“I’m an environmental journalist, not an environmentalist.” I’ve said this countless times over the course of my career, usually to make a distinction between myself and the people I write about. But last year, while reporting on a growing number of climate crises, I realized I could no longer pretend that I was just a journalist. I am an environmentalist, in the sense that I believe humans should modify their behavior for the benefit of the planet. I just hadn’t acted much on that belief—until now.
I started eating mostly vegetarian. I bought a metal straw. And, most importantly, I changed how I got my fruits and vegetables.
The latter was most important to me. I wanted to do my part in the fight against food waste. Every year in America, between 30 to 40 percent of food available for consumption goes uneaten. The majority of that is thrown away at home and at restaurants, but anywhere from 11 to 16 percent—about 20 billion pounds—comes from farms that can’t find buyers for their products. Some research suggests about half of all produce grown in the country goes to waste. It’s an economic, environmental, and moral offense.
I considered enrolling in a community-supported agriculture program, or CSA, where members pre-pay for a share in a local farm. But then I learned about Hungry Harvest, a company that buys up excess or “ugly” produce from growers and wholesalers around the country and sells it to consumers for less than supermarket price.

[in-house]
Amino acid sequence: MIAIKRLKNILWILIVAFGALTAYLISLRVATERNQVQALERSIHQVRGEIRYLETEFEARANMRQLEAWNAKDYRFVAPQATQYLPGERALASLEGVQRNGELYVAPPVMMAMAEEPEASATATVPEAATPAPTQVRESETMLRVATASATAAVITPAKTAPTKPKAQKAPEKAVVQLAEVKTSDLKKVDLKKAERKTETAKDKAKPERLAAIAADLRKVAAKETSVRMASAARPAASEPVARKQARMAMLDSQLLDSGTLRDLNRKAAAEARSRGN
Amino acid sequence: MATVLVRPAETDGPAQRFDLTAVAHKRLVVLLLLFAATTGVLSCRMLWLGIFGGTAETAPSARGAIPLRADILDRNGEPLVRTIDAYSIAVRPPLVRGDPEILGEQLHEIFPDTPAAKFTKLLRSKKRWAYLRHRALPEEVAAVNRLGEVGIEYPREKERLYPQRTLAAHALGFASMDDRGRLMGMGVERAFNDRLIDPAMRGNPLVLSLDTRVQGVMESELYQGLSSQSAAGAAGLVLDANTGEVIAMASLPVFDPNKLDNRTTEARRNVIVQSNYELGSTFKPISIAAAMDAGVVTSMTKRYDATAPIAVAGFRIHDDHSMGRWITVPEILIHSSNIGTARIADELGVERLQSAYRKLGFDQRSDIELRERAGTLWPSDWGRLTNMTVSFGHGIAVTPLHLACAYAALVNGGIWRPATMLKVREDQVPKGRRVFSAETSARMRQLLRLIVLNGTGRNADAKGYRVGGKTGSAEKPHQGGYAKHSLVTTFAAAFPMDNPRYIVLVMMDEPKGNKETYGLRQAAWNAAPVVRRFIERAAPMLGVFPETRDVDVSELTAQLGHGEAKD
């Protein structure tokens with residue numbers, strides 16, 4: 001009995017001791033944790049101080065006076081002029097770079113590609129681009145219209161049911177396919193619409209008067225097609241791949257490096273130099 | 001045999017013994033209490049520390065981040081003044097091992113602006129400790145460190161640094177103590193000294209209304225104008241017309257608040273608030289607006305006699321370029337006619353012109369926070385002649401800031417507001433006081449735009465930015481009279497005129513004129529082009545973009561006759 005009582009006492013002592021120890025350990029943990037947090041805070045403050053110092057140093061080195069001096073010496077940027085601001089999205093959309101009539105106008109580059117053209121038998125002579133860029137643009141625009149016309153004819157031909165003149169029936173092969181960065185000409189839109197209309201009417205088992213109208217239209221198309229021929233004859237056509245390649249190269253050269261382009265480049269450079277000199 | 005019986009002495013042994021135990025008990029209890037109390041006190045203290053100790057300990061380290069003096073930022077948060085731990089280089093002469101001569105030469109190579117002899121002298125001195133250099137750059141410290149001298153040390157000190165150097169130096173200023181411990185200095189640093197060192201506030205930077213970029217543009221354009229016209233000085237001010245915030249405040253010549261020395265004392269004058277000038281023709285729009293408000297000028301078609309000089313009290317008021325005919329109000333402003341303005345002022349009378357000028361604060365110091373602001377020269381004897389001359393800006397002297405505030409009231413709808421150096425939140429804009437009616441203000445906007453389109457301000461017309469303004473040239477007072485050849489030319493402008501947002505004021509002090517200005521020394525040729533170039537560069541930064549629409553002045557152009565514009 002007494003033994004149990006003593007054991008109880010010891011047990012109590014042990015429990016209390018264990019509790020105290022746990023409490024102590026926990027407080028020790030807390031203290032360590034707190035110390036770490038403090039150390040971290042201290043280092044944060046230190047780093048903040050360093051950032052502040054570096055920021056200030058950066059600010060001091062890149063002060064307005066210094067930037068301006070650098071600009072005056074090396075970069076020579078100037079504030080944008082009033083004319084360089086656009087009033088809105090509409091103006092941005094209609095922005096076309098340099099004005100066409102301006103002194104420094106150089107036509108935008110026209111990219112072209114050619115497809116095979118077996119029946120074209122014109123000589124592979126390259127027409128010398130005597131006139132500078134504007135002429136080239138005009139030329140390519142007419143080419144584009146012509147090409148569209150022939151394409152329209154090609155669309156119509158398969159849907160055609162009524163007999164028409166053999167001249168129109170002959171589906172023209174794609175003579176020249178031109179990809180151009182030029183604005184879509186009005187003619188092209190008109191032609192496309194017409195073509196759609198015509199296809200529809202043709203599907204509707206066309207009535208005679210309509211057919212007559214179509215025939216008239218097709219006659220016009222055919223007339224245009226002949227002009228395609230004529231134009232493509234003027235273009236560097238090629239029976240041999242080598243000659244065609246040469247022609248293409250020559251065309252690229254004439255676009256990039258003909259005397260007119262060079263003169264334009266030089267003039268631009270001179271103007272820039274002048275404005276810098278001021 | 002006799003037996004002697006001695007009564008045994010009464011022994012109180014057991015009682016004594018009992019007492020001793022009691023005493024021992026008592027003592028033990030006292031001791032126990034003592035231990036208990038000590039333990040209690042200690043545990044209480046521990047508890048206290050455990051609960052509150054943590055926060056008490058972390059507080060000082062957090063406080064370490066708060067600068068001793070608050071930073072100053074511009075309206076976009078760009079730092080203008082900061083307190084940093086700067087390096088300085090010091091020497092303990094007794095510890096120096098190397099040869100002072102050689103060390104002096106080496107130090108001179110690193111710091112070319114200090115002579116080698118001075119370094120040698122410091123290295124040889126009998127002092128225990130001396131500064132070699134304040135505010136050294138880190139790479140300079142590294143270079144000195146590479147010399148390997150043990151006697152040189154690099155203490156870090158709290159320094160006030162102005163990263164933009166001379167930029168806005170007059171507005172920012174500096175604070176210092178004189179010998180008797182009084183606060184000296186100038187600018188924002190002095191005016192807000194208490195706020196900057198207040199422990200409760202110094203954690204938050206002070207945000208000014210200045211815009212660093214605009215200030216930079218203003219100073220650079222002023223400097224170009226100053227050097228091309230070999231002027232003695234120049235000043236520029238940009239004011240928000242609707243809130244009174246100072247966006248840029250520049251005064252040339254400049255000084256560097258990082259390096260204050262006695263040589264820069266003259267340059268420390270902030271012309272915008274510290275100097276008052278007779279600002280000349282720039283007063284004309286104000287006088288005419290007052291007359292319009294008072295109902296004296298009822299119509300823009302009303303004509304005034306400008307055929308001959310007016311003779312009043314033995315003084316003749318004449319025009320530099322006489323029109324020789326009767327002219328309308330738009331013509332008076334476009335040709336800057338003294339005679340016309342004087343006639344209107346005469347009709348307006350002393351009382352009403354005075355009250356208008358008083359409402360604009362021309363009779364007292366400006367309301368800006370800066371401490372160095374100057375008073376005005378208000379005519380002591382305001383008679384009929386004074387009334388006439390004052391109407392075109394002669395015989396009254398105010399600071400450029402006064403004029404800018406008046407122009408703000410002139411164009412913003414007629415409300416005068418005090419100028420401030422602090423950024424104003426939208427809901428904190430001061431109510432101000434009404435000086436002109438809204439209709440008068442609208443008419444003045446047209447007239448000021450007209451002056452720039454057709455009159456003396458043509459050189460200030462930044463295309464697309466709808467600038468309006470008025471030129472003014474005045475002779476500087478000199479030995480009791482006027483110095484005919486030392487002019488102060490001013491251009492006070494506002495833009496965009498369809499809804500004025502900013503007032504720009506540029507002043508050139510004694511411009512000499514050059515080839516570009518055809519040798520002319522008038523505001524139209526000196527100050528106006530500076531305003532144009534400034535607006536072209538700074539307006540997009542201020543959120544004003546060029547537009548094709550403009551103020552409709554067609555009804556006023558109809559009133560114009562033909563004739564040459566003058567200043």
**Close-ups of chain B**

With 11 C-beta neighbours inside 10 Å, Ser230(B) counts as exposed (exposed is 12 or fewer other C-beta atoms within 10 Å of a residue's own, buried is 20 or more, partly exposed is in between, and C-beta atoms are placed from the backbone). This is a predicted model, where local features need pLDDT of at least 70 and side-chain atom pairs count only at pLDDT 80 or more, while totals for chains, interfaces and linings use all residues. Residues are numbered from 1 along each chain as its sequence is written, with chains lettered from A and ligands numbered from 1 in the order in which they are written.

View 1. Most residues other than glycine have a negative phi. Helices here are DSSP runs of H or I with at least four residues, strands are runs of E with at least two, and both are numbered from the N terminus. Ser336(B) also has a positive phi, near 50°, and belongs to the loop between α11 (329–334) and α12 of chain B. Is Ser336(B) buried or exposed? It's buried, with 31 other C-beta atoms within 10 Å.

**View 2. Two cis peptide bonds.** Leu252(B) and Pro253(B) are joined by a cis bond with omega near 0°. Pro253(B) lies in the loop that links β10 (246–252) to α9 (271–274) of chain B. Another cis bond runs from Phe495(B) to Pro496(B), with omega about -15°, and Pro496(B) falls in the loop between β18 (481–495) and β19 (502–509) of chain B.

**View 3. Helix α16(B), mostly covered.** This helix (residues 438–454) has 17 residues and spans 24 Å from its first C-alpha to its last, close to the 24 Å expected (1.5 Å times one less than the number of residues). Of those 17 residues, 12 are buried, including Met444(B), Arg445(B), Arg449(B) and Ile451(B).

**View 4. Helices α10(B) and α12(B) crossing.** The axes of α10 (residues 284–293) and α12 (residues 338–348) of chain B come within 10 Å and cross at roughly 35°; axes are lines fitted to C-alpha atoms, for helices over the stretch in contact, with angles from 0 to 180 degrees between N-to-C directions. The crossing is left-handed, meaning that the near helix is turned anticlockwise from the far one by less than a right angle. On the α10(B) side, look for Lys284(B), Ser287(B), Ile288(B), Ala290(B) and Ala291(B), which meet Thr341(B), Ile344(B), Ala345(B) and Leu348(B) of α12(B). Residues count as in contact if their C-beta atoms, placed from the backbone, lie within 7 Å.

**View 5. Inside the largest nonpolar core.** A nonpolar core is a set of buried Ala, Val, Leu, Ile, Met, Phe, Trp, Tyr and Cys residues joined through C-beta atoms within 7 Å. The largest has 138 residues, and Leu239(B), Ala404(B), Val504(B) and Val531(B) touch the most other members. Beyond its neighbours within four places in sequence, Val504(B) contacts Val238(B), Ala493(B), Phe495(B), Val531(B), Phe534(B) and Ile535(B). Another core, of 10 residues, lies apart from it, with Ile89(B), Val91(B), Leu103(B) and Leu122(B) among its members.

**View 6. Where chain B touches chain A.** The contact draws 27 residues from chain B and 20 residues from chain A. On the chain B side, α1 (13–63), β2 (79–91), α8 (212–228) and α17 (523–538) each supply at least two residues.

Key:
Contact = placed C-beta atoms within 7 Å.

According to the company’s website, Hungry Harvest “rescues at least 10 pounds of fruits and veggies from going to waste.” In a world where individual action can feel pointless, this felt tangible. If I received a Hungry Harvest box every other week, I reasoned, I’d be saving 260 pounds of fruits and vegetables from being wasted every year. And even if I wound up throwing away half of my box, it would still be a net environmental benefit because the produce would have been thrown away otherwise—or so I thought.
I felt a twinge of pride when, every other Sunday morning, an orange-and-brown cardboard box showed up in the mailroom of my apartment building. I would bring it upstairs and marvel at its contents: tiny avocados, bruised pears, hilariously oversized eggplants. I’d arrange the strange produce in bowls on my dining room table.
After a few months, I started noticing orange-and-brown cardboard boxes everywhere. They were piling up in my mailroom and appearing on my neighbors’ doorsteps. Hungry Harvest ads started appearing in my Instagram and Facebook feeds, and ads for a competing food waste delivery company, Imperfect Produce, even popped up while I was swiping on Tinder.